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Saving America’s Digital Future
A worker at a semiconductor fabrication facility owned by Dutch chipmaker NXP Semiconductors N.V. in Chandler, Ariz., in an undated photo provided on September 29, 2020.
NXP Semiconductors

Saving America’s Digital Future

Arthur Herman

Whoever is elected president in November will have to confront one of the most important economic and national-security issues of our time. And it’s embedded in every one of our computers, our phones, and every devices that connects us to the Internet and to digital information.

Semiconductors, sometimes called microchips, are essential to our modern way of life. But who makes them, and where they are made, is looming as a national-security crisis.

Thirty years ago more than one third of all microchips made around the world came out of the American companies that gave Silicon Valley its name (silicon being the key ingredient in manufacturing microchips containing billions of microscopic transistors). Today that number has slipped to only 12 percent –while China is projected to dominate global semiconductor production by 2030. Americans still lead in terms of semiconductor design and innovation. But from the standpoint of making sure the chips we rely on every day, including our Defense Department, are made safely and securely, our national security and economic future hangs in the balance.

Fortunately, there’s a bill pending in the Senate, cosponsored by Senator John Cornyn (R., Texas) and Mark Warner (D., Va) that addresses some of these concerns for restoring American leadership. Dubbed the CHIPS for America Act,. the bill provides an income-tax credit for semiconductor equipment or chip-manufacturing-facility (fab) investment through 2026. The bill also calls for creation of a “Manufacturing USA” institute for semiconductor manufacturing as well as a national semiconductor strategy.

But much more needs to be done. A recent study by the Boston Consulting Group and the Semiconductor Industry Association calls for funding up to 19 new fabs over the next decade (right now we have 70). The association would like to see a $50 billion federal investment which it forecasts will create more than 70,000 high-paying jobs and would position the U.S. to capture a quarter of the world’s growing chip production — compared to just 6 percent if Washington does nothing.

The price tag may be startling. But fabs are expensive to build, each costing billions of dollars, and they get more expensive every year. The equipment needed to create these delicate but essential tools of the digital age is very costly; every advance in design means retooling virtually from start to finish. It’s a bigger capital investment than a lagging semiconductor sector can afford to face alone. But the cost also reflects security concerns (i.e. making sure we can protect IP and design from intruders, especially from China, and that faulty or even malicious components don’t creep into the production process.)

There are other things Washington can do, including building up our research and development resources and semiconductor workforce, to sustain an important American industry. East Asia’s other major chipmakers besides China are allies such as Japan, South Korea, and Taiwan who can be encouraged to build their new fabs here in the U.S. (Taiwan already done so with a commitment to build a $12 billion state-of-the-art chip manufacturing facility in Arizona.)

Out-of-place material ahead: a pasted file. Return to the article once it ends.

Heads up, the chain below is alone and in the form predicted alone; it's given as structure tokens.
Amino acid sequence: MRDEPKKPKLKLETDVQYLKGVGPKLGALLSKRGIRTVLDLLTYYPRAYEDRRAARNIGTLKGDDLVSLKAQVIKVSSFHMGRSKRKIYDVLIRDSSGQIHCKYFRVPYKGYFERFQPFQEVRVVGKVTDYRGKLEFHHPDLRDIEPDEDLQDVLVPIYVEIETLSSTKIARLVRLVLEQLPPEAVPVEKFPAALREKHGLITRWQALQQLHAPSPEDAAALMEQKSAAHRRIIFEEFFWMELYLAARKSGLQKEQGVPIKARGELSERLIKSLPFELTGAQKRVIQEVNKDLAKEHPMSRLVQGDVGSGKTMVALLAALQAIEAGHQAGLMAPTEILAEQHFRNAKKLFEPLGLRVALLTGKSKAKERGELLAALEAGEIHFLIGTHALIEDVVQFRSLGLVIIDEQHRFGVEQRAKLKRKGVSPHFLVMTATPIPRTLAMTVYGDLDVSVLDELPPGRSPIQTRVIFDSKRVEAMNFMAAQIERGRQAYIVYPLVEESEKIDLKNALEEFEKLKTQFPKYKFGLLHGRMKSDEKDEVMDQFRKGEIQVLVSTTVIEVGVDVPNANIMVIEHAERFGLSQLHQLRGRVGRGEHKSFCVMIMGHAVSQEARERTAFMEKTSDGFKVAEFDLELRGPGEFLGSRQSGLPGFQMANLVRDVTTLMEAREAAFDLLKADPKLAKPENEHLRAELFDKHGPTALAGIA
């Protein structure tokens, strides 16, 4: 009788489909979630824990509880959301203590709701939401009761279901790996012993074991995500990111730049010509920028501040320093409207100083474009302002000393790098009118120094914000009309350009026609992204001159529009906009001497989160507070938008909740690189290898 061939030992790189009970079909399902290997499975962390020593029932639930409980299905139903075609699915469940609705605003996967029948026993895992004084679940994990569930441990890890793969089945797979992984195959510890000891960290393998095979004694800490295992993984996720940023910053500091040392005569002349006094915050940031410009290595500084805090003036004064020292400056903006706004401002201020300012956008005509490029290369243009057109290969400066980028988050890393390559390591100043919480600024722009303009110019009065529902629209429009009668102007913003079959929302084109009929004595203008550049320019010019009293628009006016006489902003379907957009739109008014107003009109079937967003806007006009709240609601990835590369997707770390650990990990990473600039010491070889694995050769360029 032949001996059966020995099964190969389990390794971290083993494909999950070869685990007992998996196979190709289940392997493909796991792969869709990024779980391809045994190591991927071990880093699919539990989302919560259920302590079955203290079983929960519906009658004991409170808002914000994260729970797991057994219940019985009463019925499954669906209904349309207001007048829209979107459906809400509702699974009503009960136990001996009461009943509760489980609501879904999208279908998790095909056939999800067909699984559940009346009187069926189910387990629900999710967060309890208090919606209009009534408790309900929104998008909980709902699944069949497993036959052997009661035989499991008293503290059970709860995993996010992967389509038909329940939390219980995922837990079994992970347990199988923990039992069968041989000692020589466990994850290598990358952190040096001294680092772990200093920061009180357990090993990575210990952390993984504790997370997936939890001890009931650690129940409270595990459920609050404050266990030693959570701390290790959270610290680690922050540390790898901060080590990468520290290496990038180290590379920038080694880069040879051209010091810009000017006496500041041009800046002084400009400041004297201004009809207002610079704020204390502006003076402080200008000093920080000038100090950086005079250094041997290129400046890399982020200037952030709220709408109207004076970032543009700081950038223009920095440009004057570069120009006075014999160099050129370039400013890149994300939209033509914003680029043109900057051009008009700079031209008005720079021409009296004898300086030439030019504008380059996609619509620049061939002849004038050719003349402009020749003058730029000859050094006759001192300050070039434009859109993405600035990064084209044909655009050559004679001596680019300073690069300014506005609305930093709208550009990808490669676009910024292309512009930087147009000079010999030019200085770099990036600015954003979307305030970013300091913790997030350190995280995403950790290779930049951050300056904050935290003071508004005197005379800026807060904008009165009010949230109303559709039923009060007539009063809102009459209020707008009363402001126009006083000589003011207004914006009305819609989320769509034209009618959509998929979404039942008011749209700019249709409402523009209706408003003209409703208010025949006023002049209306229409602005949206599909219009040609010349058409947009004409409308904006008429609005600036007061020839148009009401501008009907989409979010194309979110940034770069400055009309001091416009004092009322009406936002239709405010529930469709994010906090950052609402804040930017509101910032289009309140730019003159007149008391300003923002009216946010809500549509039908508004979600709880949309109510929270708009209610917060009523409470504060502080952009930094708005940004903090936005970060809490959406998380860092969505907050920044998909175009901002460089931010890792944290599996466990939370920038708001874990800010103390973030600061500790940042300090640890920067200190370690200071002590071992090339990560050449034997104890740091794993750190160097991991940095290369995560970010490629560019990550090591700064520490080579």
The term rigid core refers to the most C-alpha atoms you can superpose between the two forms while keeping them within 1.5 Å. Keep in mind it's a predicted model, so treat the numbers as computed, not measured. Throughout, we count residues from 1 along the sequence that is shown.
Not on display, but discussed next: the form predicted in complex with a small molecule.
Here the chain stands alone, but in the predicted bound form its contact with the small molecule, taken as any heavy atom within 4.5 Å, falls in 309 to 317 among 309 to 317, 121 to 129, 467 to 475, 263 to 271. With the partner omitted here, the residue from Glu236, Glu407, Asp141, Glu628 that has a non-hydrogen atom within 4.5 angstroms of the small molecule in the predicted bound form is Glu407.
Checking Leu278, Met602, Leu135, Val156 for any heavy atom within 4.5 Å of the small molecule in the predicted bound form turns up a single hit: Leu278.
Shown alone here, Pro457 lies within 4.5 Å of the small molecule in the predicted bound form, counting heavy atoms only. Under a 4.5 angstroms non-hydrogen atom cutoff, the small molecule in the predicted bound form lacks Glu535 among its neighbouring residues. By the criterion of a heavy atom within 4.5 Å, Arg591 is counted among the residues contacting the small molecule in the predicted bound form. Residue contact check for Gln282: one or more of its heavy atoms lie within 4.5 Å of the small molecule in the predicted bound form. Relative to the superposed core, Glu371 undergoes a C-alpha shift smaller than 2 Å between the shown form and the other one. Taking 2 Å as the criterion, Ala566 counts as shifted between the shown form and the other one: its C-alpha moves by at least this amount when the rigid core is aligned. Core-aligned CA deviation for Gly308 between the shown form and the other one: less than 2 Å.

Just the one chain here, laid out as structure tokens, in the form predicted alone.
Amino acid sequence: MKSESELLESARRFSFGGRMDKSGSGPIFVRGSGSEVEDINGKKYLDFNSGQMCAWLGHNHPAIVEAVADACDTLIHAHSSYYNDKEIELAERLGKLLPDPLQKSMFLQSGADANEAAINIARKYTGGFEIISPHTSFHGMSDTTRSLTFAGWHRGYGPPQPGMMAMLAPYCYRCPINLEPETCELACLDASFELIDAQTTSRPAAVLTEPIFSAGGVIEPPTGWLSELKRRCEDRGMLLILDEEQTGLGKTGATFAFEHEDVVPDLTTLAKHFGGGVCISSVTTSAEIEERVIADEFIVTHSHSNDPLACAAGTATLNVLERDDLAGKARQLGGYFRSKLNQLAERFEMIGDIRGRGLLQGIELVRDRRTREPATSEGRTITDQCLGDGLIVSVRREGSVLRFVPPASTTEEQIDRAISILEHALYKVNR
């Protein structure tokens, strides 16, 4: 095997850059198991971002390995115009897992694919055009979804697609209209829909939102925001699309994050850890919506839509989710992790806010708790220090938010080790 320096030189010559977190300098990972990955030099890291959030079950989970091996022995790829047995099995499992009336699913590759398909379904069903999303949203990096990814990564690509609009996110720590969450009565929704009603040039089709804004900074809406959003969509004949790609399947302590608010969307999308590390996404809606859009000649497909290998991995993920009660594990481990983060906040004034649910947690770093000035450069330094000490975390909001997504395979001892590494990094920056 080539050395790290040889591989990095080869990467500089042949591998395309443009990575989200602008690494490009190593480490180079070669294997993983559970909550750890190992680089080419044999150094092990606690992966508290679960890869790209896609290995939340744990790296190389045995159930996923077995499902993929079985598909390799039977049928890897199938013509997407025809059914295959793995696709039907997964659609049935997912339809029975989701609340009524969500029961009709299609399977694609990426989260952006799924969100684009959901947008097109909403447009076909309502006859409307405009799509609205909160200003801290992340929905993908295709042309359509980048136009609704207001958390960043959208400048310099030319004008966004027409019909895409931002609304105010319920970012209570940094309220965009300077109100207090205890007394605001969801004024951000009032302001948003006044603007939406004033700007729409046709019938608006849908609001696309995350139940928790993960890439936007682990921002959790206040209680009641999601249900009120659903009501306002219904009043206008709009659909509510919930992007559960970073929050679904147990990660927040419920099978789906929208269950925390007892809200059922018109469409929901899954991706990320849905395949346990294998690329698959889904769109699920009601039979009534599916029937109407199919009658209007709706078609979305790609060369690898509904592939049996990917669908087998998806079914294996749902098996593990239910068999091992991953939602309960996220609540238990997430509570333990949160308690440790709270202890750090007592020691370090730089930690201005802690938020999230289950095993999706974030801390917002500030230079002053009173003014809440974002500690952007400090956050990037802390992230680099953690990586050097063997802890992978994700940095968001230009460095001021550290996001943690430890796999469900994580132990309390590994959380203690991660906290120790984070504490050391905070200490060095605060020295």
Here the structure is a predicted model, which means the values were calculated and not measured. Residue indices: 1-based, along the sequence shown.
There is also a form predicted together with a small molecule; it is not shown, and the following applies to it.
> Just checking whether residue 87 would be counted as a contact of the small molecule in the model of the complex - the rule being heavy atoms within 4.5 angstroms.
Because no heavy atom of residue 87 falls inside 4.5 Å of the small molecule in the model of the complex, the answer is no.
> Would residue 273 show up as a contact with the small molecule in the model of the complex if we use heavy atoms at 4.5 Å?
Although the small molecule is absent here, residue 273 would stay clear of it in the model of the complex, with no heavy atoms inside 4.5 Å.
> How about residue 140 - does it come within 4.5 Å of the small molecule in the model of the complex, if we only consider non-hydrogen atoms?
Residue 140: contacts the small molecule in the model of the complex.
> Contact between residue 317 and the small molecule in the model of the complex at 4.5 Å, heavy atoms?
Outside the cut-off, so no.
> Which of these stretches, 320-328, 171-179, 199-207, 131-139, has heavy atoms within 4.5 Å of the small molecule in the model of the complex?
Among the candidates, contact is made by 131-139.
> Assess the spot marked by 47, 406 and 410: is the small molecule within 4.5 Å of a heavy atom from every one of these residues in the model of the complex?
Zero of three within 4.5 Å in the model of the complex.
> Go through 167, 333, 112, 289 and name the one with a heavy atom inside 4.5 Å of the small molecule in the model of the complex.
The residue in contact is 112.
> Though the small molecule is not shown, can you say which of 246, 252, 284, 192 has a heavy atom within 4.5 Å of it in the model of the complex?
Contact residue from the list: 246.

The good news is, we’ve been here before. The last time the American semiconductor industry found itself in crisis was in competition with Japan in the 1980s, as the industry our scientists and engineers had pioneered looked as if it was disappearing into fabs belonging to Toshiba and Fujitsu. The solution was the creation in 1987 of SEMATECH, a public-private partnership to pool IP among 14 semiconductor companies to solve manufacturing issues and aggressively pursue market share versus the Japanese competition.

SEMATECH proved to be a stunning success. It was so successful, in fact, that the federal government was able to drop its funding in 1996, as the industry became self-healing — ironically with a growing number of Chinese customers.

This time, however, the issue goes beyond a simple public-private partnership solution. The Japanese were fierce business rivals, but Japan itself remained a trusted ally with no geopolitical ambitions. China is a very different story. Beijing’s push to become totally self-sufficient in semiconductors and to command the heights of the microchip industry is part and parcel of its larger push for global hegemony. If China succeeds, and our manufacturing capacity and market share continues to shrink, we could face a situation in which U.S. tech companies have to rely on a chip supply chain that is shaky at best, and an actual threat to national security at worst.

No matter who sits in the White House on January 21, Americans are realizing that our economic and national security future depends not only on how the technology we rely on is made, but where it’s made. Much of that secure and prosperous future will depend on the health and safety of our microchip industry. As the Latin phrase has it: sine qua non— without it nothing. Without a strong semiconductor sector, the future will look very bleak indeed.

Read in National Review

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